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Stanley....... you are wise to order a new accumulator. If you install it, do the test again and you may find like Marck, that the pump is still turning on at 2-3 pumps.

Without some instrumented way of testing the components, we are just changing parts.

Example....your accumulator might be good, but the pressure switch might be turning off the pump before the system gets to 2400 psi. this will reduce the number of pumps you see.

Maybe this winter I will build a test station with pressure gage and a more accurate way of measuring the amount of fluid stored in the accumulator. I could then evaluate accumulators and pressure switches.

There is also the possibility that as the pumps get older (and wear) it takes them longer to build pressure. This is another good reason to flush out the old dirty brake fluid, it will wear the pump faster.

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Yesterday I helped (I did all the work) a local install an accumulator. He ordered if from Amazon.

With his old accumulator, the pump would turn on with the second pump of the brake pedal.

With the new one, it turns on with the 3 pump.

I am somewhat dissappointed with these NEW accumulators. I had hoped that we would get 4-5 pumps but since there is little history from really good new accumulators, we may never know what to expect.

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Barney 2-3 pumps is what I get out of my accumulator that was installed in 2007. It came from gmpartsdirect.com.

Do you think the instructions you wrote, Accumulator Test*-*ReattaOwner.com, should be revised to say: "A good accumulator might give you 3-4 pumps before the pump starts." instead of: "A good accumulator might give you 5-8 pumps before the pump starts."?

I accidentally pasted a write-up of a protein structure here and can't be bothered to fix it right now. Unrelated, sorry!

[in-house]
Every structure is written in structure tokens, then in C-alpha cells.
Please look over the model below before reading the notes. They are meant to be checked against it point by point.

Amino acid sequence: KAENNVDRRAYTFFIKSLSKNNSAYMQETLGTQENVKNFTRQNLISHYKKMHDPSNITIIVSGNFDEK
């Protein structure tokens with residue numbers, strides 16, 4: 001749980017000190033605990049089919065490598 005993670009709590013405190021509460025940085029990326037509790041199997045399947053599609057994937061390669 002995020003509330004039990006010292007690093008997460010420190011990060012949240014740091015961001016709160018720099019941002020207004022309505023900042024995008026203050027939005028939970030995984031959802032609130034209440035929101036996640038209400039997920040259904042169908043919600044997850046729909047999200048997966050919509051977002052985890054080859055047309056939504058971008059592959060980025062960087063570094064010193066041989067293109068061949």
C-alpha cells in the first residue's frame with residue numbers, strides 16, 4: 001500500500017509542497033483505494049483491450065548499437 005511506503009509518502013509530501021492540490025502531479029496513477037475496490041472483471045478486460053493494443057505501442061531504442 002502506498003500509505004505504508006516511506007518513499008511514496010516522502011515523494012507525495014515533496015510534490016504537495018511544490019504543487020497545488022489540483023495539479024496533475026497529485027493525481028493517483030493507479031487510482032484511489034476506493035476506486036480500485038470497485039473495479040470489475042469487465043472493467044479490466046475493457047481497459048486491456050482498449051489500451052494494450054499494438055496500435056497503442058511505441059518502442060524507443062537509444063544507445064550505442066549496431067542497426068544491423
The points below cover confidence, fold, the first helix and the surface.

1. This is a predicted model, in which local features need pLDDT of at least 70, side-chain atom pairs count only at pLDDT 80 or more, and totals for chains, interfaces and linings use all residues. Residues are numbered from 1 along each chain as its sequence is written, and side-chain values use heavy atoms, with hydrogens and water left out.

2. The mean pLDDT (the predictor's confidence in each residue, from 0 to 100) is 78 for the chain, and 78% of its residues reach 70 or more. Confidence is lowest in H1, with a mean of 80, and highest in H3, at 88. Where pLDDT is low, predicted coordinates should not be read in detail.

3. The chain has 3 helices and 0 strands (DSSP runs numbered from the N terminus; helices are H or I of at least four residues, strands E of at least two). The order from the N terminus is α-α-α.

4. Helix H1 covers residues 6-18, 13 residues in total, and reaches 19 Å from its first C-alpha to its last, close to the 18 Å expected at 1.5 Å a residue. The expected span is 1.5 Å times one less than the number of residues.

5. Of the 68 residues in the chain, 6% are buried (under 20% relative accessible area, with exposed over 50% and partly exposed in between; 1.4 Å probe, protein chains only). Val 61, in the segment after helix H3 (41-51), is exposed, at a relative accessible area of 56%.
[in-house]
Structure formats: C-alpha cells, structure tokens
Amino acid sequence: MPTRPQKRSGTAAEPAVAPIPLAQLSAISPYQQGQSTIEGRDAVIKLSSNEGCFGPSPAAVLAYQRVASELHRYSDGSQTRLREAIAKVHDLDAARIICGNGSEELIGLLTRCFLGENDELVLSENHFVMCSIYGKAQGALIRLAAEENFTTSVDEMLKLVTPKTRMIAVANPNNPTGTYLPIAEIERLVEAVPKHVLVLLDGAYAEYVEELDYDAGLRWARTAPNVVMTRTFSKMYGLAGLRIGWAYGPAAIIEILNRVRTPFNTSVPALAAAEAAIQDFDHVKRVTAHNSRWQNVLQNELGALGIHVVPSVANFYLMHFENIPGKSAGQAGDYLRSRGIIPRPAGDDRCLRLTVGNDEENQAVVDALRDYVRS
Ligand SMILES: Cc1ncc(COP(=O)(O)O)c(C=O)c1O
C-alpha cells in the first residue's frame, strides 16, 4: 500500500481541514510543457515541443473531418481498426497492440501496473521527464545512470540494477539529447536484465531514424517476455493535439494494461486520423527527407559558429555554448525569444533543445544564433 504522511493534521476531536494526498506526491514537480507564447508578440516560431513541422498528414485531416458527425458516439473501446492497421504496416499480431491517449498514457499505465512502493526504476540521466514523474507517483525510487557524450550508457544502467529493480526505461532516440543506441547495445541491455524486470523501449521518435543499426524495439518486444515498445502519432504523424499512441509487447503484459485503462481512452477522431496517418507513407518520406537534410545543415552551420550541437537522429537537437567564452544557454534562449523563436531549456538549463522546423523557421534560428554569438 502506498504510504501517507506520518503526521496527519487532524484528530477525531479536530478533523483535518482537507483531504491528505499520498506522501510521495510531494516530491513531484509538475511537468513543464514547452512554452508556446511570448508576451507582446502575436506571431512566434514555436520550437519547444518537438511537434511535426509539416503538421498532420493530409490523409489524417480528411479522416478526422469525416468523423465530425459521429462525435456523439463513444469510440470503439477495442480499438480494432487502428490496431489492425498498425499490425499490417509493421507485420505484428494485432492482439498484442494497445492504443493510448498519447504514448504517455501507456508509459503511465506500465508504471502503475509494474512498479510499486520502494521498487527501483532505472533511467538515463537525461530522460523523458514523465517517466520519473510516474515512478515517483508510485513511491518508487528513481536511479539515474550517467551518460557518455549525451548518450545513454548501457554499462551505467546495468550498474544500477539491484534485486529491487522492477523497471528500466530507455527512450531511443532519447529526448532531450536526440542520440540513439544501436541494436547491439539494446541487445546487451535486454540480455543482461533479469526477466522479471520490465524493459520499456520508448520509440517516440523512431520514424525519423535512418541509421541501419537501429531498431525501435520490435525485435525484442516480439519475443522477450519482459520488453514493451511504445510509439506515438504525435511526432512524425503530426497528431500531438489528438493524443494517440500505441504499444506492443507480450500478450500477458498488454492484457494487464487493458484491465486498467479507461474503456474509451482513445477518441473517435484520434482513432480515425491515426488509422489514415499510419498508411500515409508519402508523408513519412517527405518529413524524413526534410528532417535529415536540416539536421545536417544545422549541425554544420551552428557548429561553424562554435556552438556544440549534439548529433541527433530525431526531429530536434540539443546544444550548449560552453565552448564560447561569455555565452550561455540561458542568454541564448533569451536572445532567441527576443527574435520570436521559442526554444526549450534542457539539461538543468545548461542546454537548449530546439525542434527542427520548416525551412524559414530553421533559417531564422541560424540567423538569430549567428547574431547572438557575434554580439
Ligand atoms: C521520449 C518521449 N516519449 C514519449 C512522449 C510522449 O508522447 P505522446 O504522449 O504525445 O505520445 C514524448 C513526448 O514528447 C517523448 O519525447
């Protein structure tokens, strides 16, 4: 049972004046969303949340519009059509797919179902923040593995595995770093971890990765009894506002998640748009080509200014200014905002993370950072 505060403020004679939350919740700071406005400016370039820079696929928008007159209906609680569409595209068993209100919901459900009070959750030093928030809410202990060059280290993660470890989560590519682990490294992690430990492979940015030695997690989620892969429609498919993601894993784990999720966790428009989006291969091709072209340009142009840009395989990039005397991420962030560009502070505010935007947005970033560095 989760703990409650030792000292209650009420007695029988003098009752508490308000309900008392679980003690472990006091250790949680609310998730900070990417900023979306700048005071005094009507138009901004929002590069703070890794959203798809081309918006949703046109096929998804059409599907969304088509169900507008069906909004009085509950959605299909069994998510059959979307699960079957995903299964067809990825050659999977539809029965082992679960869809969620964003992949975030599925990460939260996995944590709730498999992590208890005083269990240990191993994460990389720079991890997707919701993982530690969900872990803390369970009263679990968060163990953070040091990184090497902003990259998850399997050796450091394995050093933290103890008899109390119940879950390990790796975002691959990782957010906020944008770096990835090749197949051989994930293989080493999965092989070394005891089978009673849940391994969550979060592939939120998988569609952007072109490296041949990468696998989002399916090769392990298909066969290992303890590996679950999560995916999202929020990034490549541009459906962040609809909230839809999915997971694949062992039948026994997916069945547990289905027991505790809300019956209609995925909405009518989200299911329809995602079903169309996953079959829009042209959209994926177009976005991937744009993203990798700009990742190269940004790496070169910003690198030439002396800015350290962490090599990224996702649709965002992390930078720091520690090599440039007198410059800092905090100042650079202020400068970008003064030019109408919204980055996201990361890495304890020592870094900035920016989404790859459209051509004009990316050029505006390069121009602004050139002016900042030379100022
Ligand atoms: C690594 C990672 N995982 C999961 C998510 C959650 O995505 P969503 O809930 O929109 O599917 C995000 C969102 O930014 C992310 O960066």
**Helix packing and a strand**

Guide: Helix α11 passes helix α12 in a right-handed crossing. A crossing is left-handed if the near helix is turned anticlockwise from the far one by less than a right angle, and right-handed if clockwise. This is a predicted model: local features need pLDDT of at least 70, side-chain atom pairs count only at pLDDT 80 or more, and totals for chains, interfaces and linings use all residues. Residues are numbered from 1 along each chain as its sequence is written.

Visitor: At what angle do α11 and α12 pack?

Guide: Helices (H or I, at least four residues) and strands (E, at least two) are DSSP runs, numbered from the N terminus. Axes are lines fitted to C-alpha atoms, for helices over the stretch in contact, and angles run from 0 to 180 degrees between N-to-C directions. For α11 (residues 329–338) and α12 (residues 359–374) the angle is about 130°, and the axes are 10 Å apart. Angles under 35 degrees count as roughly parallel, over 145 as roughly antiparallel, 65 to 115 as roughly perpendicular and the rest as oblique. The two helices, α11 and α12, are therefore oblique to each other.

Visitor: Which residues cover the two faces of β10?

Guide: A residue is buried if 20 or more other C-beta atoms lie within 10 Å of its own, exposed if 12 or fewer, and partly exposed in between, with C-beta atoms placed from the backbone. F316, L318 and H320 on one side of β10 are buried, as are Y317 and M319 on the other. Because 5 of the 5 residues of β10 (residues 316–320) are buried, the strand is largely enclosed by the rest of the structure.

Also what do you think a would be the normal "amount of time" for test 2-5? I have been asked this question and I would like to make it clear in the test.

"5. Turn the key ON and wait until the brake pump stops (the amount of time it takes for the pump to stop is also a clue, very short or very long run time is bad)."

Thanks you for providing the test. I think it helps a lot of people who just want to know if they need a new accumulator but don't know how to read the results of the entire brake test found elsewhere on the net.

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Guest Mc_Reatta

This evidence from the newly installed accumulators seems to give more credence to the belief that the new accumulators that you can buy are really new old stock (NOS) manufactured years ago and stored in inventory ever since.

Since rubber products and items containing compressed gases are subject to deterioration over time, it would be expected that they will not function as well as they would when they were freshly made. This seems to be born out by the performance (or lack thereof) that people are seeing when replacing their old accumulators.

Funny how as the available stock goes down we pay higher prices for one, and we will only be rewarded by a marginal increase in performance over the one it replaces, and it won't last very long either.

Has anyone tried one from the company that is marketing a new brake system that Barney uncovered a while back that had new accumulators available.

ABS Power Brake Inc Orange CA 714-771-6549

It might be time to make the switch if they will fit and function better then these NOS ones do since the price difference is getting to be a wash.